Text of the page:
Napier showers 13°, Auckland cloudy 15°, Hong Kong cloudy / showers 33°, Delhi 32°C cloudy
HK$5 = NZ$1
50R (rupees) = NZ$1
So this is the start of our latest adventure, 3 weeks in India. We are doing the traditional Golden Triangle, with some time in Delhi then on to Rajasthan ( Jaisalmer / Jodhpur / Jaipur ) then to Agra and then back to Delhi. We finish the trip with a few nights in Hong Kong on the way back to NZ.
For the sake of clarity all the photos in these blogs are straight out of the camera with no processing etc. So excuse them if they aren't always straight or as polished as my normal work...
So on with the travels.
Unfortunately the first couple of days will be the hardest travel wise with a long layover in Hong Kong, arriving at 7am, and leaving again at 5pm to head to Delhi arriving at 9:30pm on the same day. We were certainly not looking forward to this start to the trip, but it had to be done, so this was a day and half to make the best of and start the trip proper in Delhi on Day 2.
We headed to the airport for our 7:55pm flight from Napier, which was a little late leaving for Auckland. After landing we walked across to the international terminal ( our bags were checked through to Delhi from Napier ), and through the departure gates in to the shopping mall that doubles as an airport in most cities these days.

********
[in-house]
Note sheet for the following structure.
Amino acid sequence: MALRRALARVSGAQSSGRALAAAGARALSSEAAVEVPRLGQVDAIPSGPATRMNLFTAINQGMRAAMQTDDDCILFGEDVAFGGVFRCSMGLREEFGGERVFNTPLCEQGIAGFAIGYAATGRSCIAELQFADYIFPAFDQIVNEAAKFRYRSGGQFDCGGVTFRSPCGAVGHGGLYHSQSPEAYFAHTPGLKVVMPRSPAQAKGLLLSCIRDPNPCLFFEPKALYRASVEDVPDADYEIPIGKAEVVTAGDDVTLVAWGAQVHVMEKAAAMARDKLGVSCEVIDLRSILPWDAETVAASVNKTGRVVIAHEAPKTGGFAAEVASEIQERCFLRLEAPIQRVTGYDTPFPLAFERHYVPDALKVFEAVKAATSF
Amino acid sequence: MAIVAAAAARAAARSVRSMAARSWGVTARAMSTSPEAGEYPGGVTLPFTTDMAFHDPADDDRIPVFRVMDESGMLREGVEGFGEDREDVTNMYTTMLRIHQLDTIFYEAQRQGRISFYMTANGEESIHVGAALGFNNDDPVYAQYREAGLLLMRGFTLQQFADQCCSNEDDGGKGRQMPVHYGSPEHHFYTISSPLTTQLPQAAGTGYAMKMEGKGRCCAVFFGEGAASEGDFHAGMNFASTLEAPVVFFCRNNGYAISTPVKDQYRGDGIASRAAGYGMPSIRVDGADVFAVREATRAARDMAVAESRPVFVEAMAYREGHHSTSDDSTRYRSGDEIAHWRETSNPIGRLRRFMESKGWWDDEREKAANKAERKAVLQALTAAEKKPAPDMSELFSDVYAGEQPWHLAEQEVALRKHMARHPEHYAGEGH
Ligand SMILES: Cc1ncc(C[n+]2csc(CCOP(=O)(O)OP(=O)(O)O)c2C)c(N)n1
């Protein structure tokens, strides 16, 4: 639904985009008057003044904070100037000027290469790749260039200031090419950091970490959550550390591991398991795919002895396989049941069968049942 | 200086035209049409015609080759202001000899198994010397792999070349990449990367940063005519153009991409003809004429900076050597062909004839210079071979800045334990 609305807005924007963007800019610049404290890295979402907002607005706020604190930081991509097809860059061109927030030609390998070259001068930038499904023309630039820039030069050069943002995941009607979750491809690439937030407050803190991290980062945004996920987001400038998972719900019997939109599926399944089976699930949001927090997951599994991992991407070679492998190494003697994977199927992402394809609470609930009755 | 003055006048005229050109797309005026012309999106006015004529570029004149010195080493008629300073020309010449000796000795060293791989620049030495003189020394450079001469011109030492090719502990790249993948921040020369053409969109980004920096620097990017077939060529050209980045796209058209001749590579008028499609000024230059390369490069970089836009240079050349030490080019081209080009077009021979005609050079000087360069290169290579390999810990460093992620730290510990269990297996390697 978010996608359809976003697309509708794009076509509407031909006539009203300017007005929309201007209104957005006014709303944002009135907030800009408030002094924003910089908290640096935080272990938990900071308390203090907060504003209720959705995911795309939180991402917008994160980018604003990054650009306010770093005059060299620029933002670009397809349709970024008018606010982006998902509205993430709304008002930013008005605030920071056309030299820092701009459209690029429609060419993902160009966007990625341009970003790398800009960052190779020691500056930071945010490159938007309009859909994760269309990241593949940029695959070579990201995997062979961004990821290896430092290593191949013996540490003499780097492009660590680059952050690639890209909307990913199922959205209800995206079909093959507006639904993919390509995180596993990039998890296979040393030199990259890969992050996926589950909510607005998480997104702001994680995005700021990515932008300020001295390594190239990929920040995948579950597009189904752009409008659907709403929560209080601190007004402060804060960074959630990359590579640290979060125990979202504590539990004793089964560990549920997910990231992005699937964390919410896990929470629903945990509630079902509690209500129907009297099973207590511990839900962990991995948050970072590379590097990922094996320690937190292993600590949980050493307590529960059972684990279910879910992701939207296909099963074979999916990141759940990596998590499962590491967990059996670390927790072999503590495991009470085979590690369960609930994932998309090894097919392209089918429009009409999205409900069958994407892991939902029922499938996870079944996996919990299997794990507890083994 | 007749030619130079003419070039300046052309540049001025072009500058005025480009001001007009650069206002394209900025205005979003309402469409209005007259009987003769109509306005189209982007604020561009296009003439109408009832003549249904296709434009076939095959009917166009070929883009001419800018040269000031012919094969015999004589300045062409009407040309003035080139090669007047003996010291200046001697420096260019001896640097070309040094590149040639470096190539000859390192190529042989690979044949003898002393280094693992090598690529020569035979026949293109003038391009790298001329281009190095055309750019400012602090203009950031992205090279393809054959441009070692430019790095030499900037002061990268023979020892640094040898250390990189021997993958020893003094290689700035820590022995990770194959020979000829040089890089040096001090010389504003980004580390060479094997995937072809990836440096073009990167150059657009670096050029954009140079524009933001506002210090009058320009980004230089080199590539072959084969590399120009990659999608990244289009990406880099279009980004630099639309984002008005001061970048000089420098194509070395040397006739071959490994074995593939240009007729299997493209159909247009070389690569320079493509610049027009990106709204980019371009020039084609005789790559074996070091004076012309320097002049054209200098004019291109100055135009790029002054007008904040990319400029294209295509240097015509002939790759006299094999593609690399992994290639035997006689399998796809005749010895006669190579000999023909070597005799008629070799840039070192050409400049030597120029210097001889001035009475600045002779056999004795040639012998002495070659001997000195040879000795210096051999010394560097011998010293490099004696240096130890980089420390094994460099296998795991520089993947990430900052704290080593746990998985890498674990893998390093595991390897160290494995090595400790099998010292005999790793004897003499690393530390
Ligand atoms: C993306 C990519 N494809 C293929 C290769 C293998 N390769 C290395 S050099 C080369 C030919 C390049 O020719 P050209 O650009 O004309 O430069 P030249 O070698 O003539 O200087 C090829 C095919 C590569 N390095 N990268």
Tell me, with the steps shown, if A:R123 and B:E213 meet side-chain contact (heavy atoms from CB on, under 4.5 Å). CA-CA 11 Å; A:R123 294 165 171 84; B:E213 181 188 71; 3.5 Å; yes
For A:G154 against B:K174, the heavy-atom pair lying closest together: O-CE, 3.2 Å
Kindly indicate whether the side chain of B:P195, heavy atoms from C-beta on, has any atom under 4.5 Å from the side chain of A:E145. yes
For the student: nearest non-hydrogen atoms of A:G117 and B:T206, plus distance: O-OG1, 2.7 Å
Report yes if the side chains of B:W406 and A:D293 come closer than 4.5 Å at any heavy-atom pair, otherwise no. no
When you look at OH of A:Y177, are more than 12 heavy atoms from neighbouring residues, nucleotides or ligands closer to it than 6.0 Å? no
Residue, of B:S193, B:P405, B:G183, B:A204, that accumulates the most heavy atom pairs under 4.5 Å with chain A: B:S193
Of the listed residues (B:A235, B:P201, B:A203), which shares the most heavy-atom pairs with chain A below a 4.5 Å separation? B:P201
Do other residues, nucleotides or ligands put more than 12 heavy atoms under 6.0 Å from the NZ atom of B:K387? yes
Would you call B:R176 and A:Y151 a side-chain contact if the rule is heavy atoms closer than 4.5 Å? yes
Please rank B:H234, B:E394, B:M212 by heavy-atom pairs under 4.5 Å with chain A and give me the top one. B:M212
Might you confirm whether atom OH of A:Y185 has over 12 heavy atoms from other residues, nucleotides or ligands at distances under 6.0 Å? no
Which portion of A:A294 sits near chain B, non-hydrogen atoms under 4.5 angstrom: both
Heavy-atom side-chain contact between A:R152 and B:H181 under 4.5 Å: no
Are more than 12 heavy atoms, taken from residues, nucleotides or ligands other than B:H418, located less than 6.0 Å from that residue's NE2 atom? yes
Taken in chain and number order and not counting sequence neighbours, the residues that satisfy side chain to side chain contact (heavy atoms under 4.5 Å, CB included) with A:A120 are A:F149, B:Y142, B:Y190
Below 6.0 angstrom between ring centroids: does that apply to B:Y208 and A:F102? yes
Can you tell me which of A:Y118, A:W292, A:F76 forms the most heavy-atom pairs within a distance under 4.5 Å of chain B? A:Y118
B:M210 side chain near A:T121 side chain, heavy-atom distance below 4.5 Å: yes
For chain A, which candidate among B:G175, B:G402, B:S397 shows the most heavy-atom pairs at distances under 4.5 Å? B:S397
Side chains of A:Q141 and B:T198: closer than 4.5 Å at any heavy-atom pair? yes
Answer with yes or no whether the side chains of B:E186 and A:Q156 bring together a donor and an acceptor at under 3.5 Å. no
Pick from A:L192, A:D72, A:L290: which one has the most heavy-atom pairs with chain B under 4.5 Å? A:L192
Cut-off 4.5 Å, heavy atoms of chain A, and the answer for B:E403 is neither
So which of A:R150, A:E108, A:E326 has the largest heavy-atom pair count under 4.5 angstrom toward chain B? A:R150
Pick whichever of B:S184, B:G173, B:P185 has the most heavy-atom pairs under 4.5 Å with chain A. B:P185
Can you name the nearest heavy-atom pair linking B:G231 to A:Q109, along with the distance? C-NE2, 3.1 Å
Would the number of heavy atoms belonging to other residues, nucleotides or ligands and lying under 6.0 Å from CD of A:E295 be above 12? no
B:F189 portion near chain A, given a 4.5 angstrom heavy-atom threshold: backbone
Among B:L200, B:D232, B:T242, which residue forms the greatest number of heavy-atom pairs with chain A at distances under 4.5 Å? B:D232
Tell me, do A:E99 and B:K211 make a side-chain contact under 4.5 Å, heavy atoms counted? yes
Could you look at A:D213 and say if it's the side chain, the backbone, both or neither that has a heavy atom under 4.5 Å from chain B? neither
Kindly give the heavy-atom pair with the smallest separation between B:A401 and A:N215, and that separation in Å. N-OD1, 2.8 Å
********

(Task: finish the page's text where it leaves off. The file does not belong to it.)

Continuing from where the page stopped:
We boarded our flight to Hong Kong a little late and departed at 12:10am on Saturday morning. The flight was ok, but a little bumpy in places. Liz had a good long sleep but I struggle to sleep sitting up so only got a few hours kip on this flight. We landed in Hong Kong on time at 7:10am and headed straight through immigration and customs ( such as it was ) and headed to find somewhere to leave some of our things for the day. Even though our main bags had been checked through and we only had a small camera bag each, there were still a few items that we didn't want to carry around with us while in Hong Kong ( such as my MacBook and some spare clothes ). So we finally found the left luggage office and realised that we would need to get another bag to put our things in for the left luggage desk. So we wandered around the terminal some more looking for a shop selling bags, and found one just around the corner from the left luggage desk but of course we walked half a mile around the building to get there.
So with our surplus goods offloaded ( HK$60 for 5 hours ) we bought tickets on the airport Express train ( HK$115 each return ) and headed into town. After a 24 minute trip we got out at Kowloon station in the hope of walking along the waterfront and catching the Star Ferry across to Hong Kong island. We headed up and out of the station into the heat and humidity that we had been shielded from so far by the airport / train combination. We quickly discovered that Kowloon Station is in a new development which isn't really designed for pedestrians, and after wandering around for 45 minutes we walked to Austin MTR station via the only footpath we could find and caught the MTR 1 stop to Tsim Sha Tsui station, and walked through the construction works to the Star Ferry terminal.
We were in Hong Kong about eleven years ago on our return trip from living in the UK and Ireland, and Hong Kong marked the end of the multi train journey that started in Holyhead in Wales. So we have seen this city before, but even so it it is still an impressive sight when you see the Hong Kong Skyline across the water from Kowloon.